Saturday, March 08, 2014

Review: Under the Wide and Starry Sky by Nancy Horan

I enjoyed Under the Wide and Starry Sky quite a bit.  This is the story of Fanny Osbourne and her relationship with Robert Louis Stevenson. 
Before reading this, I didn’t know much about Robert Louis Stevenson, other than what he’d written.  This story though paints such an attractive picture of him as a young, determined writer.  He was the only son of parents with very high, specific expectations for him.  Being a writer was not part of their plan for him. 
Stevenson met Fanny after she left her philandering husband in America and moved to Europe with her children.  She was there to learn art.  She wanted to live a creative life because she’d already spent too much of her life being trapped in a miserable marriage. 
She’s older than Stevenson, with a daughter closer to his age than she is, but that doesn’t seem to bother either of them. 
Their story is very romantic.  I told my friends as I was reading this that I was developing quite the crush on Robert Louis Stevenson.  He’s so sincere and devoted to Fanny.
But after a while, reality sets in, and things are far from perfect.  But throughout it all, I think despite any problems they had, the two remained devoted to each other. 
I felt like the author did a very thorough job with her research, following the couple from the time they met until Stevenson’s death.   As I was reading this, I felt like I knew these characters and understood what they were going through.  At times, I felt that maybe they weren’t entirely good for each other, that maybe they’d have been better off if they had tried to go their separate ways early in the relationship.  (Actually they did go their separate ways, but Stevenson nearly died trying to make his way to her as soon as he got the word that she wanted to see him again.)  Seeing the flaws in their relationship though is what made this story seem so real.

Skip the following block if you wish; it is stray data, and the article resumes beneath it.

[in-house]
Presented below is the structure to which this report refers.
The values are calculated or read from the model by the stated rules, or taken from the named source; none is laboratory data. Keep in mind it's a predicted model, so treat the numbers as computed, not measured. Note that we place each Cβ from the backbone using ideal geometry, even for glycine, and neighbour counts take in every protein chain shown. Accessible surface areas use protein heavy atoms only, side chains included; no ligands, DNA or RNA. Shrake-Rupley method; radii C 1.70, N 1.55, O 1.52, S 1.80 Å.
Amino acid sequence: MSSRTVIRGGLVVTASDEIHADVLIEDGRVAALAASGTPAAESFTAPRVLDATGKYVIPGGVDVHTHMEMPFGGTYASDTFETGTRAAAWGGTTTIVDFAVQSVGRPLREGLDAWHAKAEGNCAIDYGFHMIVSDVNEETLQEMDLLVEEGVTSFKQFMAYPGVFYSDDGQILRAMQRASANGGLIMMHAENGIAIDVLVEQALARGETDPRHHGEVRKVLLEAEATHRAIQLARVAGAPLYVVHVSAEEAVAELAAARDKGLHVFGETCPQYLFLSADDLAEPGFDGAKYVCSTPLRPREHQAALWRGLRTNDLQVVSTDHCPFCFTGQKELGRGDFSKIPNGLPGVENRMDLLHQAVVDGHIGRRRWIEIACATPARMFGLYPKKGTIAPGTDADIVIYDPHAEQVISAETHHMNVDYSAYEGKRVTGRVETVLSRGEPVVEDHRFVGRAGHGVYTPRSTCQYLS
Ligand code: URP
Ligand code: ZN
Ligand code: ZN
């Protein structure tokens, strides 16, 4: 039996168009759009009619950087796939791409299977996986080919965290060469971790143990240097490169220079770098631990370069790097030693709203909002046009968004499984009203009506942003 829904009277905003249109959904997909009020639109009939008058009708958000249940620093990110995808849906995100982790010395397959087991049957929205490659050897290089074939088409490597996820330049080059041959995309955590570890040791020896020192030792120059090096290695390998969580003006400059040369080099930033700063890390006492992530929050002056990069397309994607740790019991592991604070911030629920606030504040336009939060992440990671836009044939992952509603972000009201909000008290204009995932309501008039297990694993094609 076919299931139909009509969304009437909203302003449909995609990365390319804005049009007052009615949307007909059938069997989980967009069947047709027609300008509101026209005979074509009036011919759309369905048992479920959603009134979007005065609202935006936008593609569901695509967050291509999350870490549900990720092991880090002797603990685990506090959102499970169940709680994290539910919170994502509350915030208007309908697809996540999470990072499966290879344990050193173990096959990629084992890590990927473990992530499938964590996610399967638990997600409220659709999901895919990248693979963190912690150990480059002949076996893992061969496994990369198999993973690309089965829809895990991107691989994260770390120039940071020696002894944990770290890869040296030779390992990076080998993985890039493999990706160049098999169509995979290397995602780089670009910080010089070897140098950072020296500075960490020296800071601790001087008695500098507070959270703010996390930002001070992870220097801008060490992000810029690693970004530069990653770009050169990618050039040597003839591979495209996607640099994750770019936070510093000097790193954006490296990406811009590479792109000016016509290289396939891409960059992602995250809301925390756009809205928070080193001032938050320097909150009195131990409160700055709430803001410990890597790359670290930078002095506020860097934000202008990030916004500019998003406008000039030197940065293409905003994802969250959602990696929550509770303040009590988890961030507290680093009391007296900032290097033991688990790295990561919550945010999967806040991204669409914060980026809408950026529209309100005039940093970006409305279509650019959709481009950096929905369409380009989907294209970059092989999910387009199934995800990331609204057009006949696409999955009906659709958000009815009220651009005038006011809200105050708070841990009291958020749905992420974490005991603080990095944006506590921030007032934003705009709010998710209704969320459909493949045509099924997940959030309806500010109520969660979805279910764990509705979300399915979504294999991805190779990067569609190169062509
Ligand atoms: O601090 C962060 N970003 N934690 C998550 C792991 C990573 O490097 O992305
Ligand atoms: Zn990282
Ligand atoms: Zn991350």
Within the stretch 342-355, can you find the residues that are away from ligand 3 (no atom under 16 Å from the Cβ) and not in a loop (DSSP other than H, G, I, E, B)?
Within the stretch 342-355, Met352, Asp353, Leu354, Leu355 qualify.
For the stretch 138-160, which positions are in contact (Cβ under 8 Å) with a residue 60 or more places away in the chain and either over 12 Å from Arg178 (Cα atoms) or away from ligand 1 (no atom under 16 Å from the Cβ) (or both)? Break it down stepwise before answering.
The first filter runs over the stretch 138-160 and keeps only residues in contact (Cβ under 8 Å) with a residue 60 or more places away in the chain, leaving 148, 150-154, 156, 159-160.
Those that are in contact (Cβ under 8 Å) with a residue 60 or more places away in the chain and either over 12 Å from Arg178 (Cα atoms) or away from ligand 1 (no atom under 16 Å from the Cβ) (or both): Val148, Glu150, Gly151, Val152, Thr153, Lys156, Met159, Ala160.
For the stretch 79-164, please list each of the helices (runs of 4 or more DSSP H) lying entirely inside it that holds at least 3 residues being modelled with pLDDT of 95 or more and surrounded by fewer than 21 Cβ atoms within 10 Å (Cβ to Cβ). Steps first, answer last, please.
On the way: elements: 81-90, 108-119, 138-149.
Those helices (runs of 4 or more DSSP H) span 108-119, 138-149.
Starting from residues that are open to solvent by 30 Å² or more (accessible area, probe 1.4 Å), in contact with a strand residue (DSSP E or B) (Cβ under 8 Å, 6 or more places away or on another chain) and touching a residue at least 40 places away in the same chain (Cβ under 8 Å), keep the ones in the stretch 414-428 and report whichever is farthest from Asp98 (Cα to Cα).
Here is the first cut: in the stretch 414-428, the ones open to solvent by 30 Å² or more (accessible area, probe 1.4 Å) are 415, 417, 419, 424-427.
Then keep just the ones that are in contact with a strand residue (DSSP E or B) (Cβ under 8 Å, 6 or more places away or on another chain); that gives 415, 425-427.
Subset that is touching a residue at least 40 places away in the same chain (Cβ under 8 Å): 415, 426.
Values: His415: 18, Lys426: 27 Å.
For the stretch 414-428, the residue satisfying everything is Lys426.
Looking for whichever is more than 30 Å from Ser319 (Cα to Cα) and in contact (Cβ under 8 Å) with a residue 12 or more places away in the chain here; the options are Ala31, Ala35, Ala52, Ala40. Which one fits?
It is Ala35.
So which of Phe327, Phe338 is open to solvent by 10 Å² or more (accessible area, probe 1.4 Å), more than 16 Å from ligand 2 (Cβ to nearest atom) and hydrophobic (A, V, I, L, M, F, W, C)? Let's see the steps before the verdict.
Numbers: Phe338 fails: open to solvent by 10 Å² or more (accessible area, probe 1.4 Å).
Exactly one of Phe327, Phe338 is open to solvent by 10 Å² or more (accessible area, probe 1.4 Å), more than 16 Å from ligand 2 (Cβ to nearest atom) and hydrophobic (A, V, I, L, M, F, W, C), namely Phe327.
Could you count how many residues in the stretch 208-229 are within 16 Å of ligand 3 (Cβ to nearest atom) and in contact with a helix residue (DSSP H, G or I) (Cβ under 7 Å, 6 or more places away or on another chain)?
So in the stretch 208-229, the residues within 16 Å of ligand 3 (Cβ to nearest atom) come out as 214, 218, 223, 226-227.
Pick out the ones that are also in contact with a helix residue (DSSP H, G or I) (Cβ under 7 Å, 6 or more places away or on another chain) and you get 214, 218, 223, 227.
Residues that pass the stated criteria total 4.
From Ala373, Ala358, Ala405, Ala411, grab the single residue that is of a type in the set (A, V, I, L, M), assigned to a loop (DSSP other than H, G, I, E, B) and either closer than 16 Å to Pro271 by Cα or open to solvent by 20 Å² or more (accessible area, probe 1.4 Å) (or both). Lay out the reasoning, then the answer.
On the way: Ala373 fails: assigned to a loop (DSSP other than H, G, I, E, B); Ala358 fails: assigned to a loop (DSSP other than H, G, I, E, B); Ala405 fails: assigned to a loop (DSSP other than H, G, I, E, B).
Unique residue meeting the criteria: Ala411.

My only complaint is that toward the end, I felt as if we got too much information.  I didn’t need to know every conversation and every island they visited and outfit worn and all that.  The details got boring.  I was more interested in the emotional turmoil that was brewing below the surface of their seemingly happy relationship. 
Overall though, I liked this book a lot, would definitely recommend it to anyone with an interest in Robert Louis Stevenson and the time period during which he lived.

I received a copy of this via NetGalley. 

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